If you haven’t tried Davis’ mysteries, I urge you all to start. I like reading a series in order so would recommend you start with The Silver Pigs. However there are over 20 mysteries in the Falco series which are all separate mysteries but follow a slow chronological arc where you see the evolution of his relationships and family. Part of the joy of reading a series is seeing how the characters develop, and Davis is particularly good at this.
If you want to start with Flavia Albia’s series, that is fine too, although I feel you will enjoy it more from dipping into some of the books in the Falco series first. The titles in the Flavia Albia series so far:
22 March, 2016
Alan Bradley’s seventh novel featuring the magnificent 11 year old chemist Flavia de Luce comes after the satisfying conclusion of a six book long story arc which culminated in the revelation of Flavia’s mother, Harriet’s, fate. This led to Flavia being inducted into some special secrets and what she sees as her ‘banishment’ from her beloved home, Buckshaw, in the lovely English village of Bishop’s Lacey. We start As Chimney Sweepers Come to Dust with Flavia reluctantly on her way to Harriet’s old boarding school, Miss Bodycote’s Female Academy in Canada, to be finished.
The night Flavia arrives at Miss Bodycote’s, she is rudely awoken by a fellow student quickly followed by a dessicated corpse that comes tumbling down from her chimney wrapped in the school’s Union Jack flag. The student is taken away in shock but Flavia keeps her cool and secretes a medallion that has broken loose from the grisly corspe before she is bundled away to sleep in the Headmistress’ living room. The incident is played down and yet there are strange rumours of missing girls and ghosts. As Flavia tries to adjust to her new surroundings and get acquainted with her fellow boarders, she begins to suspect that not all is as it seems at Miss Bodycote’s. Her Aunt Felicity had sent her here to learn the tricks of the trade in order to follow in her mother’s footsteps so Flavia knows this school is nothing but ordinary. However, the air is thick with secrets and the Chemistry teacher, to Flavia’s delight, is an acquitted murderer. Will she get to the bottom of the mystery? Whose corpse is it and why does no one speak of the missing girls?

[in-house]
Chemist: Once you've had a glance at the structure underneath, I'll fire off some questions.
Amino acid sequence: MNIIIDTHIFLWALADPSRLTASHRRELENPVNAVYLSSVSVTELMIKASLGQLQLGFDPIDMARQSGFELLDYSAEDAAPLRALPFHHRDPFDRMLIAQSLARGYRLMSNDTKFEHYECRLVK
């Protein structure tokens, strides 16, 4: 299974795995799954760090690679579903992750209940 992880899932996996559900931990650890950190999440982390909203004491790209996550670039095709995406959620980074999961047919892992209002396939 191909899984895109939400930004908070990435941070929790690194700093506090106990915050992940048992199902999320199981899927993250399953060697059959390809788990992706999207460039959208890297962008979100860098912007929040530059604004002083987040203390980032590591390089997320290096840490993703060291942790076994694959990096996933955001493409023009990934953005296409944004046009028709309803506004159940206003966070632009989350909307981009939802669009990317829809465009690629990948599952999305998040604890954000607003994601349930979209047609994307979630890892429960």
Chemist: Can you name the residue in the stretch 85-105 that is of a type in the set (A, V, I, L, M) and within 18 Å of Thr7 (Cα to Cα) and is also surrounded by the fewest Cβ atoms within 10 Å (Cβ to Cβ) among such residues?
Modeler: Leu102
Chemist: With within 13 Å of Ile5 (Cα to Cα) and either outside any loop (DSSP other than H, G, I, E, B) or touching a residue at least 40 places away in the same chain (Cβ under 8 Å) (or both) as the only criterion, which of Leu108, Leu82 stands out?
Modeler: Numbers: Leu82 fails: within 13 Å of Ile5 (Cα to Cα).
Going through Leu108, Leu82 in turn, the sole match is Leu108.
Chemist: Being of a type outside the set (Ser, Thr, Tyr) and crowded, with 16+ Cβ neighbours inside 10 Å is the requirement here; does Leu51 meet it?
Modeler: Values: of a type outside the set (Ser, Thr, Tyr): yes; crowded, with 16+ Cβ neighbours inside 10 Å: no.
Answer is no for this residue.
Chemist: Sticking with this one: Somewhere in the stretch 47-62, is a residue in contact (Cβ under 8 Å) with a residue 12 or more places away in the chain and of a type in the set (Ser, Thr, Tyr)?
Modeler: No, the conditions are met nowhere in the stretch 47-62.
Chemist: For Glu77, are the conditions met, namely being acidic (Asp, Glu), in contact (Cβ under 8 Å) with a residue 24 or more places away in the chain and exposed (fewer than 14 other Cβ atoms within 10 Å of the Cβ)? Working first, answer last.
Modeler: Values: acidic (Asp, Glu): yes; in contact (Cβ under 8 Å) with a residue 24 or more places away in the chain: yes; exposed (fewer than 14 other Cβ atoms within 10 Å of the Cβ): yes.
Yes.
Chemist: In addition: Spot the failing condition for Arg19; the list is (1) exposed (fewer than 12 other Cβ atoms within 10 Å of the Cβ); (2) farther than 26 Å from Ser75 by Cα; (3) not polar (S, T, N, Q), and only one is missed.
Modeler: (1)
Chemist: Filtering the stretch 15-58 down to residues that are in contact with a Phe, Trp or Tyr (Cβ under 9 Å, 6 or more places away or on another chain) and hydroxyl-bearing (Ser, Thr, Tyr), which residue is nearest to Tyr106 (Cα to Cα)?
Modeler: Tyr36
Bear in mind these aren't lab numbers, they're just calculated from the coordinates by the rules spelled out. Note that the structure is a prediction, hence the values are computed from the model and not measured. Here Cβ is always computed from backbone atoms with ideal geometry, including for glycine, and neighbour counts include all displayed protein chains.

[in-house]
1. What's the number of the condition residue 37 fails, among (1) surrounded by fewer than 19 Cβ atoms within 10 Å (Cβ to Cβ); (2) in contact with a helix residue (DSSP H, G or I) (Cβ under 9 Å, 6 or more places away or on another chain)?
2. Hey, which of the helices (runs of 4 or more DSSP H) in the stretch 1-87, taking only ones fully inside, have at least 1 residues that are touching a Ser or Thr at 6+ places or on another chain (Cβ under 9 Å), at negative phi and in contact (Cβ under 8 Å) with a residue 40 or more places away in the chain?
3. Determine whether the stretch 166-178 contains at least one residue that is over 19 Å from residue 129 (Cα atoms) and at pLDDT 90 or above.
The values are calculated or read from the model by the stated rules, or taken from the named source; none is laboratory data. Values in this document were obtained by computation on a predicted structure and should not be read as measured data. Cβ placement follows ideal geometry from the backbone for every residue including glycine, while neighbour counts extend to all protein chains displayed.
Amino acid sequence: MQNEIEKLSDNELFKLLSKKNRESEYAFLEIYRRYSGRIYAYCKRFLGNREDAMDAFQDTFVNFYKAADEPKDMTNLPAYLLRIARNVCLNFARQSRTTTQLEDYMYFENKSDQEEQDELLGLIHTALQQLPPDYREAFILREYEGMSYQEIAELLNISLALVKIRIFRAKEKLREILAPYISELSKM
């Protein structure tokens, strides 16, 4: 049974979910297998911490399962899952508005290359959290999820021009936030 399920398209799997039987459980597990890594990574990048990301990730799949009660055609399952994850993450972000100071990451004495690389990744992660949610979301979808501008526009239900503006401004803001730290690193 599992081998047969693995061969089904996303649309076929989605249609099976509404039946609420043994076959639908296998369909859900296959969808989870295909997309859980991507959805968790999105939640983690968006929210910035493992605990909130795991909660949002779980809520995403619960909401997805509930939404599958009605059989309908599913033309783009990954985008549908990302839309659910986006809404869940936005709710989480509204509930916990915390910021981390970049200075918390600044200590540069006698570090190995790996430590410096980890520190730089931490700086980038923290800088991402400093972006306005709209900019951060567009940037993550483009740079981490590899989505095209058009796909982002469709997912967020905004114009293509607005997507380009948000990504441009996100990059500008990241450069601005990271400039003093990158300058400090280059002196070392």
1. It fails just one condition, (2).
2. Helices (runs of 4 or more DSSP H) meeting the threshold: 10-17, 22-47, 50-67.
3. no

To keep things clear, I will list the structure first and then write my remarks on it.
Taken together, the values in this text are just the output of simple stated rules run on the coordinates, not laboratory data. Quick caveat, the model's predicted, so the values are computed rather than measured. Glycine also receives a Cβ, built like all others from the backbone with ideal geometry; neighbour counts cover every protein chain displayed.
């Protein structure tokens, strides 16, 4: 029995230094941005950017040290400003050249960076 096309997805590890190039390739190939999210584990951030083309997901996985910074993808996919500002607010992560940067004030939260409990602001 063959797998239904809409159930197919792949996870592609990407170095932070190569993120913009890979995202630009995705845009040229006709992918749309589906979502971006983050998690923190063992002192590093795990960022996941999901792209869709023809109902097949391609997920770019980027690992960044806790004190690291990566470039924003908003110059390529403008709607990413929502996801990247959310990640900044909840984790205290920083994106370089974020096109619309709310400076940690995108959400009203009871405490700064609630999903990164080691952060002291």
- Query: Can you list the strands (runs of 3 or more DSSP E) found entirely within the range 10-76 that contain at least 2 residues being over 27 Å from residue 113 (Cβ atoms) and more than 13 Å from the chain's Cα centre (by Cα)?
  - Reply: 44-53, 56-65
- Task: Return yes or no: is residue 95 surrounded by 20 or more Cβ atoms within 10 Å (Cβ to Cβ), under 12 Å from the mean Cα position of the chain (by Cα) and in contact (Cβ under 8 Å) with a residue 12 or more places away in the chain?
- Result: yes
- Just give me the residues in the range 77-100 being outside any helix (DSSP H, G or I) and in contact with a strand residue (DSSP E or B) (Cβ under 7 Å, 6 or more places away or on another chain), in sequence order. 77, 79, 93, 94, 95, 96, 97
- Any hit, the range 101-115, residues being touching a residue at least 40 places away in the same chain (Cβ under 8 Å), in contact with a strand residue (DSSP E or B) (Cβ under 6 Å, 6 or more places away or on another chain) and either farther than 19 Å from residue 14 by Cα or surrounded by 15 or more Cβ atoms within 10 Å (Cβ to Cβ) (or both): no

As Chimney Sweepers Come to Dust is as delightful as all the other novels in the series. Bradley’s principal characters are so well drawn that I really missed Flavia’s family in England as much as she did. Although there have been some reviews decrying Flavia’s jaunt across the pond, I really enjoyed the rarified and insular air of the girls boarding school which brought back happy memories but with all the twisted friendships and secrets that are part and parcel of boarding school life. Flavia, who normally only has her sisters and the people in her village to keep her company, is suddenly thrust into this new world in which she has to make new friends but be alert enough to know whom to trust. And for someone who likes not to be too noticeable, she is also the daughter of Harriet who is revered like a god at Miss Bodycote’s.
All of Flavia’s schoolmates were given interesting names and characters and apart from one niggling point about a missing girl which didn’t seem to be sufficiently explained, the mystery was pretty good. But what keeps drawing me back to Bradley’s creation is Flavia and her family. Flavia’s pluckiness, this time combined with a barely held back home-sickness, just made me want to go and give her a big hug. And what makes reading these books so enjoyable is you can feel how much fun the author is having writing them. I’m already looking forward to the next book in the series.
Other books in the series:
The Sweetness at the Bottom of the Pie
The Weed that Strings the Hangman’s Bag
A Red Herring Without Mustard
I Am Half Sick of Shadows
Speaking From Among the Bones
The Dead in their Vaulted Arches